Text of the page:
Nobel: I am also an introvert! I enjoy being social but my battery dies quickly in social situations and shallow conversation drains me the quickest. I think the political atmosphere of 2020 combined with the drama of the pandemic made me just a little bummed out over humans. I saw so much ugly on social media and in the news. It made me think back to human interactions in my life (pre-pandemic) that made me feel lonely. Instances where I would rather talk to the dog.

Songfacts: What is your songwriting process?

Nobel: It usually goes one of two ways - but often these methods intersect. Sometimes I start with a lyrical concept or title. I am a big idea collector. Sometimes I don't start with any sort of direction. However, I always start with the music first. Sometimes lyrics come quick, other times I start with a melody and sing along with it in gibberish until I understand what I am supposed to be saying. Overall, my songwriting process is happy and quick. I am not a big editor after the fact. I think writing at such a large volume has afforded me this belief - I often feel like the first instinct is usually the right one.

Songfacts: It seems most musicians head to Nashville to pursue country music, but you didn't. What drew you to the country music capital as a folk/pop artist?

Nobel: I think Nashville used to be considered just a country and gospel town. But by the time I moved there in 2015 artists and producers from different genres had already started making their exodus from New York and Los Angeles and landing there. I chose Nashville because I knew there were opportunities there for me, and it seemed like a more peaceful lifestyle than I could have in LA.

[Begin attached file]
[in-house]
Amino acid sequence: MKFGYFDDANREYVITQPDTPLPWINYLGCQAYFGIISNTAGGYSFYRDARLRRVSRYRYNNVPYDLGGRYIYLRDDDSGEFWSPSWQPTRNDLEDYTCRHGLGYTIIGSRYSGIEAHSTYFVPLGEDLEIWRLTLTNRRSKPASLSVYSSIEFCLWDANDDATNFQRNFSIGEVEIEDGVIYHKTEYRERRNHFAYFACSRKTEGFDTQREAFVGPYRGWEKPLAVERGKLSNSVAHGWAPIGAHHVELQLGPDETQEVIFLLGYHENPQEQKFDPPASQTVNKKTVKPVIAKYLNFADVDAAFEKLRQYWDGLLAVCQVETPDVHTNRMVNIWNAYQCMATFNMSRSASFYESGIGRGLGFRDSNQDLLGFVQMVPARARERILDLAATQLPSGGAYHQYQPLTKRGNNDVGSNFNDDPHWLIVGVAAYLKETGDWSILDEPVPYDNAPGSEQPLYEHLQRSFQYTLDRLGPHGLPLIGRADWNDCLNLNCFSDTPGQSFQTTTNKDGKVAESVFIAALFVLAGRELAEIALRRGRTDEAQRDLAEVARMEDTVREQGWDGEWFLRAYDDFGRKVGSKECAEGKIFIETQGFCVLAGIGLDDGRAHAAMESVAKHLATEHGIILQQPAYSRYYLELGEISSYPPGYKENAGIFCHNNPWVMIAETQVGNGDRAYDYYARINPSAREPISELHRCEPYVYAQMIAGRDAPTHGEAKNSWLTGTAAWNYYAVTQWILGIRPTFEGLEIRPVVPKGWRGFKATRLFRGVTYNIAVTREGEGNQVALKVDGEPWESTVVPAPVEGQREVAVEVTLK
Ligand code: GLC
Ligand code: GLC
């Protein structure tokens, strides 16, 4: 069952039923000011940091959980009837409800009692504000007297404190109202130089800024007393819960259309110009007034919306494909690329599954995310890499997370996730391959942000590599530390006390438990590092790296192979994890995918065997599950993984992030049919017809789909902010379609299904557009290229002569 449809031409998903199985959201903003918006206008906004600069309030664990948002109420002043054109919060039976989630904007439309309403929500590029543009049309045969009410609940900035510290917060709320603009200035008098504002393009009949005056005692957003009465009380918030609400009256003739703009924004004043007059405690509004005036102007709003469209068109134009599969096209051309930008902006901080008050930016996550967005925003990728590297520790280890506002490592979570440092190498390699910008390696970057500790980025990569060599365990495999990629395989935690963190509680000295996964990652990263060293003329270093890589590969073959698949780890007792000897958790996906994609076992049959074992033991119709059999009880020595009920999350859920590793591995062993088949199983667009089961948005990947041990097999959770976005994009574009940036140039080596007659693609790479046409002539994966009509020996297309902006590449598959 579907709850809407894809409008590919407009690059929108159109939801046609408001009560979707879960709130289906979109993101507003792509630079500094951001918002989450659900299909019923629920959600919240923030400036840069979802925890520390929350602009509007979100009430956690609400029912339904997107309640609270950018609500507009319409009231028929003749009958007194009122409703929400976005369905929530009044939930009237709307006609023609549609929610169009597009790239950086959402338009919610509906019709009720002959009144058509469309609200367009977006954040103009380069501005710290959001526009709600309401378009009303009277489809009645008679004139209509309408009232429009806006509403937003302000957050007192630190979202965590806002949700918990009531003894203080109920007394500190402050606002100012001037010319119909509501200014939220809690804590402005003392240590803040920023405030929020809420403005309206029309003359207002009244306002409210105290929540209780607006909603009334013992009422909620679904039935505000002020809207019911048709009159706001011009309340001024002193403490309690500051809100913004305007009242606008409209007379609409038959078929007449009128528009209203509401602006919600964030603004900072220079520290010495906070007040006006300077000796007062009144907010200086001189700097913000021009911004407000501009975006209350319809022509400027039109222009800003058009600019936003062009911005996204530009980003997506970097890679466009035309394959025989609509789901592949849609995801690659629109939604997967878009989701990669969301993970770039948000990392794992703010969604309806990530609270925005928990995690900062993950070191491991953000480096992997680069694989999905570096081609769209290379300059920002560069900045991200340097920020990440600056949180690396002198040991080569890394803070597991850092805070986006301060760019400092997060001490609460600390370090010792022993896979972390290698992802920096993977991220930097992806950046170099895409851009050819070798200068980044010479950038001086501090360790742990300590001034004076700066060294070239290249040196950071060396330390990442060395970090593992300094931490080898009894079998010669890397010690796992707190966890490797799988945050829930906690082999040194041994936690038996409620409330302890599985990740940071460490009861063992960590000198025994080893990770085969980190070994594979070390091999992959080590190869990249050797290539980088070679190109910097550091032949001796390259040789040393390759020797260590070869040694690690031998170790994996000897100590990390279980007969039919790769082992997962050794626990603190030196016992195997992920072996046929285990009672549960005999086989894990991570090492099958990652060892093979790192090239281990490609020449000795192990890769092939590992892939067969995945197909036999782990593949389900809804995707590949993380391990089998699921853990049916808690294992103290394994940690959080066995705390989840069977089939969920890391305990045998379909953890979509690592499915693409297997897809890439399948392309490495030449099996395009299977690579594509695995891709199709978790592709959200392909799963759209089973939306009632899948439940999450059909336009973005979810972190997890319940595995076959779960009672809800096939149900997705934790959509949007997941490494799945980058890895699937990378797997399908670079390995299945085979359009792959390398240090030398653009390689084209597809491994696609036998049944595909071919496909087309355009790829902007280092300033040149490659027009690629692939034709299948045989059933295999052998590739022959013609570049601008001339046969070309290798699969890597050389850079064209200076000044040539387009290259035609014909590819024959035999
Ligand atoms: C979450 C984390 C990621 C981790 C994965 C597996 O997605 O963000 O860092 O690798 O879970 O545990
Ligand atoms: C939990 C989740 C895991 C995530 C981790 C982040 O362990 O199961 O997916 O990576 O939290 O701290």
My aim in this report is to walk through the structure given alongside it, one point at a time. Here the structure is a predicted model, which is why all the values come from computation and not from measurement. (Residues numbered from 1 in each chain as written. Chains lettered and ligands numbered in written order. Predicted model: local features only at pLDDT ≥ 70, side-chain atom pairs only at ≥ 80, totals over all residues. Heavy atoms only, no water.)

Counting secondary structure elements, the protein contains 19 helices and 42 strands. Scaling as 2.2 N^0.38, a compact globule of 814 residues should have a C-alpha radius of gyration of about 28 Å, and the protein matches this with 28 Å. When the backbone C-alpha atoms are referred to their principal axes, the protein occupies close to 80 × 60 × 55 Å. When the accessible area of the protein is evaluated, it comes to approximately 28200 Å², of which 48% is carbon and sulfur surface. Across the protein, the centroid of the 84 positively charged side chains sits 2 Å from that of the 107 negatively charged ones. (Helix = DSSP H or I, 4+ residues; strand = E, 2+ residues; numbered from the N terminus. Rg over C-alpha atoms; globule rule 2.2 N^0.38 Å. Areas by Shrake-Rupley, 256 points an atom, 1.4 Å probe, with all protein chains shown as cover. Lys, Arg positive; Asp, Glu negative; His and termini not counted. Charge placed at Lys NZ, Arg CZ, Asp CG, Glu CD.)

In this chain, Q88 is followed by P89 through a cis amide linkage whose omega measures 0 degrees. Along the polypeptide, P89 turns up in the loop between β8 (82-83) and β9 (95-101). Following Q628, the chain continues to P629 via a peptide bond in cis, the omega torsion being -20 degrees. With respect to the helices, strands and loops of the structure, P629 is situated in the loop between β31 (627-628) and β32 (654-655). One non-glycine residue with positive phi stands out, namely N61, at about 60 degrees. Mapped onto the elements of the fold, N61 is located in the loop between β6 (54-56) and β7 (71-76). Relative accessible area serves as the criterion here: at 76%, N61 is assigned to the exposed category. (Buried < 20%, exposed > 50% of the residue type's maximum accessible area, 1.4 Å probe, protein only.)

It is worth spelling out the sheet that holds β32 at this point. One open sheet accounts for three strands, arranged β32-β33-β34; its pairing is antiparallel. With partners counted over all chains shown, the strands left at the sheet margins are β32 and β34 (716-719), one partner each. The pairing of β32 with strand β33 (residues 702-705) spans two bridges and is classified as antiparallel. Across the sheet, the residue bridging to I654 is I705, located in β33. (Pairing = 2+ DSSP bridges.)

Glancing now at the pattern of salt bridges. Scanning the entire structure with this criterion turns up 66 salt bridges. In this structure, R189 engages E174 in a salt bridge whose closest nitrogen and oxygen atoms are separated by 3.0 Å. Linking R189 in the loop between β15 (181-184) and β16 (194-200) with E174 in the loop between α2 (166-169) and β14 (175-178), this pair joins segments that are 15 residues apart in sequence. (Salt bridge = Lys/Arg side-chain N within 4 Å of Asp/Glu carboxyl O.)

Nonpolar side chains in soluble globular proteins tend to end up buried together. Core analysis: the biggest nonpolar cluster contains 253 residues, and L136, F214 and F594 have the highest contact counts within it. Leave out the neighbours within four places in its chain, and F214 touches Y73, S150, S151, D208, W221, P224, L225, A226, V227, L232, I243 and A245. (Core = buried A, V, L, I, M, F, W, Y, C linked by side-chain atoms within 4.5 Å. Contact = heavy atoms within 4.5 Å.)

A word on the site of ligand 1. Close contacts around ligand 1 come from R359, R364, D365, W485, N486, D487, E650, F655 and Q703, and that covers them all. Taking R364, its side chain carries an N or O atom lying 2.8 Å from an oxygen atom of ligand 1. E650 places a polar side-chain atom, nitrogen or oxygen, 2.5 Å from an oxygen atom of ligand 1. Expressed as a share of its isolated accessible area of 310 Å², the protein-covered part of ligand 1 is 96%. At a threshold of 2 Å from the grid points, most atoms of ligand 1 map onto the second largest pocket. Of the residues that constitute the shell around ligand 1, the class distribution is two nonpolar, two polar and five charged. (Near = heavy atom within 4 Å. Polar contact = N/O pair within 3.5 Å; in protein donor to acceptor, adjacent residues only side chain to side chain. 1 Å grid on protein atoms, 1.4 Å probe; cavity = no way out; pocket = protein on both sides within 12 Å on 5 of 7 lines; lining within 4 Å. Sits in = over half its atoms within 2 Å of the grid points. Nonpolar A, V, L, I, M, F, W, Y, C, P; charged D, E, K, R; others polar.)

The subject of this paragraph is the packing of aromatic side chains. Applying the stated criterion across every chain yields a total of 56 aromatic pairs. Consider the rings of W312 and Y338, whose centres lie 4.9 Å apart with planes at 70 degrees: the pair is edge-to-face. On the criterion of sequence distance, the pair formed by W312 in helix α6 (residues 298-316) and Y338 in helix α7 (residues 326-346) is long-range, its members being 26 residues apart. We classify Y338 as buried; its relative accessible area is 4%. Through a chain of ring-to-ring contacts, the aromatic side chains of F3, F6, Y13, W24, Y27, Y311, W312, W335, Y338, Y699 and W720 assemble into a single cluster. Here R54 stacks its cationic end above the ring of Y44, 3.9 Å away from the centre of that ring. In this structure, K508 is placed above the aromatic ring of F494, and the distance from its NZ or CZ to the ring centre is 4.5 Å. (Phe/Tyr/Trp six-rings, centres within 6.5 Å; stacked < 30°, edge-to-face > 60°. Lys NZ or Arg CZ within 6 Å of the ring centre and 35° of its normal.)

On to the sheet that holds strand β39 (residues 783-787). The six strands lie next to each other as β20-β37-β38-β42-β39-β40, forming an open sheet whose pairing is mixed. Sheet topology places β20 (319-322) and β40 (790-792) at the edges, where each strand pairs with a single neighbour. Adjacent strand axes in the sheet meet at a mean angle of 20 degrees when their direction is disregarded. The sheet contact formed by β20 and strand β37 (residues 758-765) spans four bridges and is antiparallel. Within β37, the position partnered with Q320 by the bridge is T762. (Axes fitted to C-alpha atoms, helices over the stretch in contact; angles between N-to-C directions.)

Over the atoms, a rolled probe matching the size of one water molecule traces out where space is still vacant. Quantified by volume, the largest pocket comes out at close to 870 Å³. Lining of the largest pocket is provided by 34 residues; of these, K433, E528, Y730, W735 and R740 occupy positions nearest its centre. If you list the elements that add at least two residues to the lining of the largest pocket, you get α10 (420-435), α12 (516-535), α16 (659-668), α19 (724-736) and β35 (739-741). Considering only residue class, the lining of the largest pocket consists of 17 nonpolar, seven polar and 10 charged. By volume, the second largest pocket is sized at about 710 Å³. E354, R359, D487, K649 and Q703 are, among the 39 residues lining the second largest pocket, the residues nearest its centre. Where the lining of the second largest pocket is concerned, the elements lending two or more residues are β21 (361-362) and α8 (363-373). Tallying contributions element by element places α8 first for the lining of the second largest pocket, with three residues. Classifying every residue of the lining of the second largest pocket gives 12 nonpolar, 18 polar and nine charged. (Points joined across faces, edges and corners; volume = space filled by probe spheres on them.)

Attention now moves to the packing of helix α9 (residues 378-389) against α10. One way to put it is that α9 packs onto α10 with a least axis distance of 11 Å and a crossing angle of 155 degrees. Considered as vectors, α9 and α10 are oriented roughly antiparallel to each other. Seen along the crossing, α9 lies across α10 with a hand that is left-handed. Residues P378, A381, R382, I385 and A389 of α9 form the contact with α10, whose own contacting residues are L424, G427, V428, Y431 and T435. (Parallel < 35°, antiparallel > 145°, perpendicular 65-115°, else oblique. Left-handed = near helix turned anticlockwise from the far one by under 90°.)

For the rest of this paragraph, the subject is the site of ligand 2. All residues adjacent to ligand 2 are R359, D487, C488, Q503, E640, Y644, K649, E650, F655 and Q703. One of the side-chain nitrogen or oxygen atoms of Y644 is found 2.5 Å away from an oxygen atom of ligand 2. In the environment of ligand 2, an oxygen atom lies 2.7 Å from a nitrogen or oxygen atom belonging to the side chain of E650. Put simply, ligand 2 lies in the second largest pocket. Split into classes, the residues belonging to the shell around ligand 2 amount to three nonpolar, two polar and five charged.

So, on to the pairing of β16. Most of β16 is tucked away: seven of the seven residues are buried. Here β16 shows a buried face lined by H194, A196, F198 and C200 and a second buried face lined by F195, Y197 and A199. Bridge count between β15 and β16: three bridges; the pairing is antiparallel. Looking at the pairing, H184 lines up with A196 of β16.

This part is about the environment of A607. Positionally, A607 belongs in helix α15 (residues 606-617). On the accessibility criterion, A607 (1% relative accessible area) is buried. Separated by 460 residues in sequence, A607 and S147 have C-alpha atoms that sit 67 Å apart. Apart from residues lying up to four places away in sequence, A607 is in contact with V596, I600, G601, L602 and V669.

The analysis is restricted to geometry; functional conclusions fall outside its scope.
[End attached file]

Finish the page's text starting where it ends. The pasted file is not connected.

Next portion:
Songfacts: "I'm Not Ready To Say Goodbye" is also one of your most popular songs on Spotify. What do you recall about writing that song?

Nobel: I wrote that song with Josh Bruce Williams and Jeff Bowman nearly five years ago. To be honest, that day is a little blurry in my memory. I remember that was around the time I had just begun cowriting. Cowriting culture was not part of my creative upbringing so it was an adjustment for me after always writing alone. But the guys were welcoming, and we decided early on that we wanted to write an emotionally loaded song that was vague enough for people to insert their own stories and memories into. I think we succeeded. Part of the reason it's popular on Spotify is because it was placed in several TV shows [such as Station 19].

Nobel as Hael

Songfacts: What was your primary goal for creating your alt-pop alter ego? What was the first song that you felt really fulfilled that vision?

Nobel: Hael was created for two main reasons. One, I really wanted to experiment with some different sonic and lyrical landscapes and in order to really feel free to do that I had to remove myself from my personal artistry and identity. Two, it was also to protect the sacredness of my "Leah" art. If Leah were to experiment in certain ways it would be confusing to people.

I can change my voice pretty radically and that can be hard for people to follow. It also allows me to say anything I want as Hael without it affecting how Leah wants her art to be portrayed. It has given me so much freedom and fun. I highly recommend alter egos. I think the first song that felt really "Hael" was a song called "Between Wind and Water."